The film draws on footage of Mr. Litvinenko shot over four years, as well as interviews with his widow, Marina, and others. “I’m not treating him uncritically,” Mr. Nekrasov said. “You know, I think people will be walking out with a very clear idea where my personal sympathies are, but I am trying to be objective — but also emotional. I wanted to make a documentary which goes beyond information, and which looks deeper into people’s motives — without which we will never understand why he was killed.”
It should come as no surprise that the film implicates Putin in Litvinenko’s murder. I guess that means more shots of Litvinenko as cancer kid. Damn.
In other Litvinenko news, oligarch-in-exile, Boris Berezovsky went on the BBC and pointed his finger, yet again, at Putin.
“It is impossible to produce polonium without state support and impossible to transport polonium … without state support,” he said.
“It can’t have happened without his (Putin’s) personal involvement and that’s exactly what Alexander (Litvinenko) told me in the hospital.”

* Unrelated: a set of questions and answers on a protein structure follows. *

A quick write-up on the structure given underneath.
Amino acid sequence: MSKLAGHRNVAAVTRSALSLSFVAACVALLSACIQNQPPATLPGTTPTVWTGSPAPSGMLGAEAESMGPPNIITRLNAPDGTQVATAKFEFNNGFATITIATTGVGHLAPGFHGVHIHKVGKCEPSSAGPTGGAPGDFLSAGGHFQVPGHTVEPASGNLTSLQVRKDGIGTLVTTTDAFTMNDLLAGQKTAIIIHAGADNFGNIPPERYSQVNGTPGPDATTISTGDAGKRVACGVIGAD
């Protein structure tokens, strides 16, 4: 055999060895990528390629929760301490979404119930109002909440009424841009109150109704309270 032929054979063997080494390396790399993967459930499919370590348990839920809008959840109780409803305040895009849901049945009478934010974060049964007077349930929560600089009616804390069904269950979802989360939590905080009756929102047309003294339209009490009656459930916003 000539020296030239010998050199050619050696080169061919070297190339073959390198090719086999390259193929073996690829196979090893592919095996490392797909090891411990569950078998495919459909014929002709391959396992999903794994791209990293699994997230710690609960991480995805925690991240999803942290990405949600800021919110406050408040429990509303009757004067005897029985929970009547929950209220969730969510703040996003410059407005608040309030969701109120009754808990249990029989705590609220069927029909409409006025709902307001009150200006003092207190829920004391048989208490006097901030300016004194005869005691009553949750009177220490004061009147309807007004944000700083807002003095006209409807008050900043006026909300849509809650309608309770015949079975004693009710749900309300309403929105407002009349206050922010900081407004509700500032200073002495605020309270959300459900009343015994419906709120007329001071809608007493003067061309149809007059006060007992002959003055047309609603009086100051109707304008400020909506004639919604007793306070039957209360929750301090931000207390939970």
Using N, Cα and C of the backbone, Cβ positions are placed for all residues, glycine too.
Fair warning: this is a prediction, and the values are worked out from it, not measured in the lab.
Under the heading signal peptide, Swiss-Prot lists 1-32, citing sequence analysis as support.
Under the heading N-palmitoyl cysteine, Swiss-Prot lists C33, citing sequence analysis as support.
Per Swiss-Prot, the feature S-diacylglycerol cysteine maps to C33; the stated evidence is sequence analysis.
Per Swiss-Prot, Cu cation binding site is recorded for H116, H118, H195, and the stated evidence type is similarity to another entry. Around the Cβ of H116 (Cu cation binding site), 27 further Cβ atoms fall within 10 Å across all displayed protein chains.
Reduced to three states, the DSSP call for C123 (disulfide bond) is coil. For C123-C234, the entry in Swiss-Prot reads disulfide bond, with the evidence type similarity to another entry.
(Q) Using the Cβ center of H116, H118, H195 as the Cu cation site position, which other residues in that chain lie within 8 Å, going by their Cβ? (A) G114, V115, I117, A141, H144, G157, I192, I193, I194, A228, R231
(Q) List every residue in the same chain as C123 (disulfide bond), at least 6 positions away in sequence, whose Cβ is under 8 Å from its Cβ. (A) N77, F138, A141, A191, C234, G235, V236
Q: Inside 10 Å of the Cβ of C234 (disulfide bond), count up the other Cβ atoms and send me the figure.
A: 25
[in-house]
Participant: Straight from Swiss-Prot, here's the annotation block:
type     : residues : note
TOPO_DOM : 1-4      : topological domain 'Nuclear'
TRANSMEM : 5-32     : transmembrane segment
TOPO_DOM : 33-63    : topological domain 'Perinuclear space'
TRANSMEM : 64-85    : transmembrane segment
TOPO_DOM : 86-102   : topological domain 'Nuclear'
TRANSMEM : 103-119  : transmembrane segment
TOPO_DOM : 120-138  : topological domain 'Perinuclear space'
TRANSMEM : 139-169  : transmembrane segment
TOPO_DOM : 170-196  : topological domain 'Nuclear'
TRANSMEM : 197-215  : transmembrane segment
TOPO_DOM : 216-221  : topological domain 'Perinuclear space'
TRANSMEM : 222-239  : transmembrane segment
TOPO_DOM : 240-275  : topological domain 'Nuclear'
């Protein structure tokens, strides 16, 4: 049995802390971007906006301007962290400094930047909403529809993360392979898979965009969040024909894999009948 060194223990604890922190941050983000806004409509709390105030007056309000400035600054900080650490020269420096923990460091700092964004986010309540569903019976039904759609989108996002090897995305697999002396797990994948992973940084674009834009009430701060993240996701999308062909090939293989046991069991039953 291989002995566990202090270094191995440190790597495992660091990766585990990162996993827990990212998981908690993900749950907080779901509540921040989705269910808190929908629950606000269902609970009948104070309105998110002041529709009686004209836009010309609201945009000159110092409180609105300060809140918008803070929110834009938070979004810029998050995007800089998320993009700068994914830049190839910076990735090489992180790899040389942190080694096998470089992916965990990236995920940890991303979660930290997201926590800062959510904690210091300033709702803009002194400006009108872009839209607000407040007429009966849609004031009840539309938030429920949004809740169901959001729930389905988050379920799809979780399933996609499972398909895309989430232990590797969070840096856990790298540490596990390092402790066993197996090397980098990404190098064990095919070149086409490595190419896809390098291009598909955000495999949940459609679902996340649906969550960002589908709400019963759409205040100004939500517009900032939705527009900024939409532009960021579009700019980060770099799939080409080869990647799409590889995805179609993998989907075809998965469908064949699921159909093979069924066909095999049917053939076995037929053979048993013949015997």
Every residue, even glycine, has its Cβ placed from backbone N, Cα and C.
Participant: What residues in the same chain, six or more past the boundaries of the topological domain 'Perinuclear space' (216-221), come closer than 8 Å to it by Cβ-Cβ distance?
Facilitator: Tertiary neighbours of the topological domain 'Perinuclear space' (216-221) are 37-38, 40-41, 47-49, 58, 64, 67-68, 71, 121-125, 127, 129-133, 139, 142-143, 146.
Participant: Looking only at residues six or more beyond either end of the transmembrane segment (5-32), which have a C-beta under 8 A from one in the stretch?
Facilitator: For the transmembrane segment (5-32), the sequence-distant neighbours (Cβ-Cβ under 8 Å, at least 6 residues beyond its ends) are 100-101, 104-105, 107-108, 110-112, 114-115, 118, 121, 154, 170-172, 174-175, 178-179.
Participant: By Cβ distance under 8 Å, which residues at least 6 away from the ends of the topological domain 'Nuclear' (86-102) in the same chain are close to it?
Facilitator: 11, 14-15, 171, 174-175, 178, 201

‘Because of that, Lugovoy will never be extradited to London, and on the other hand I think Lugovoy’s life is in danger, because it is an absolutely typical KGB way to solve the problem, to kill the witness of the crime,’ said Berezovsky, who gave the interview during a visit to Israel.
For some reason this song sounds familiar. Anyway, it just might be possible to obtain and transport polonium without state support when you have the personal income of a small state. I’m surprised the British just don’t hand Berezovsky to the Russians just so he will shut up.
I promise to get on to other topics but with all the drama, which I am an avid sucker for, I feel compelled to continue. I am the moth to the flame.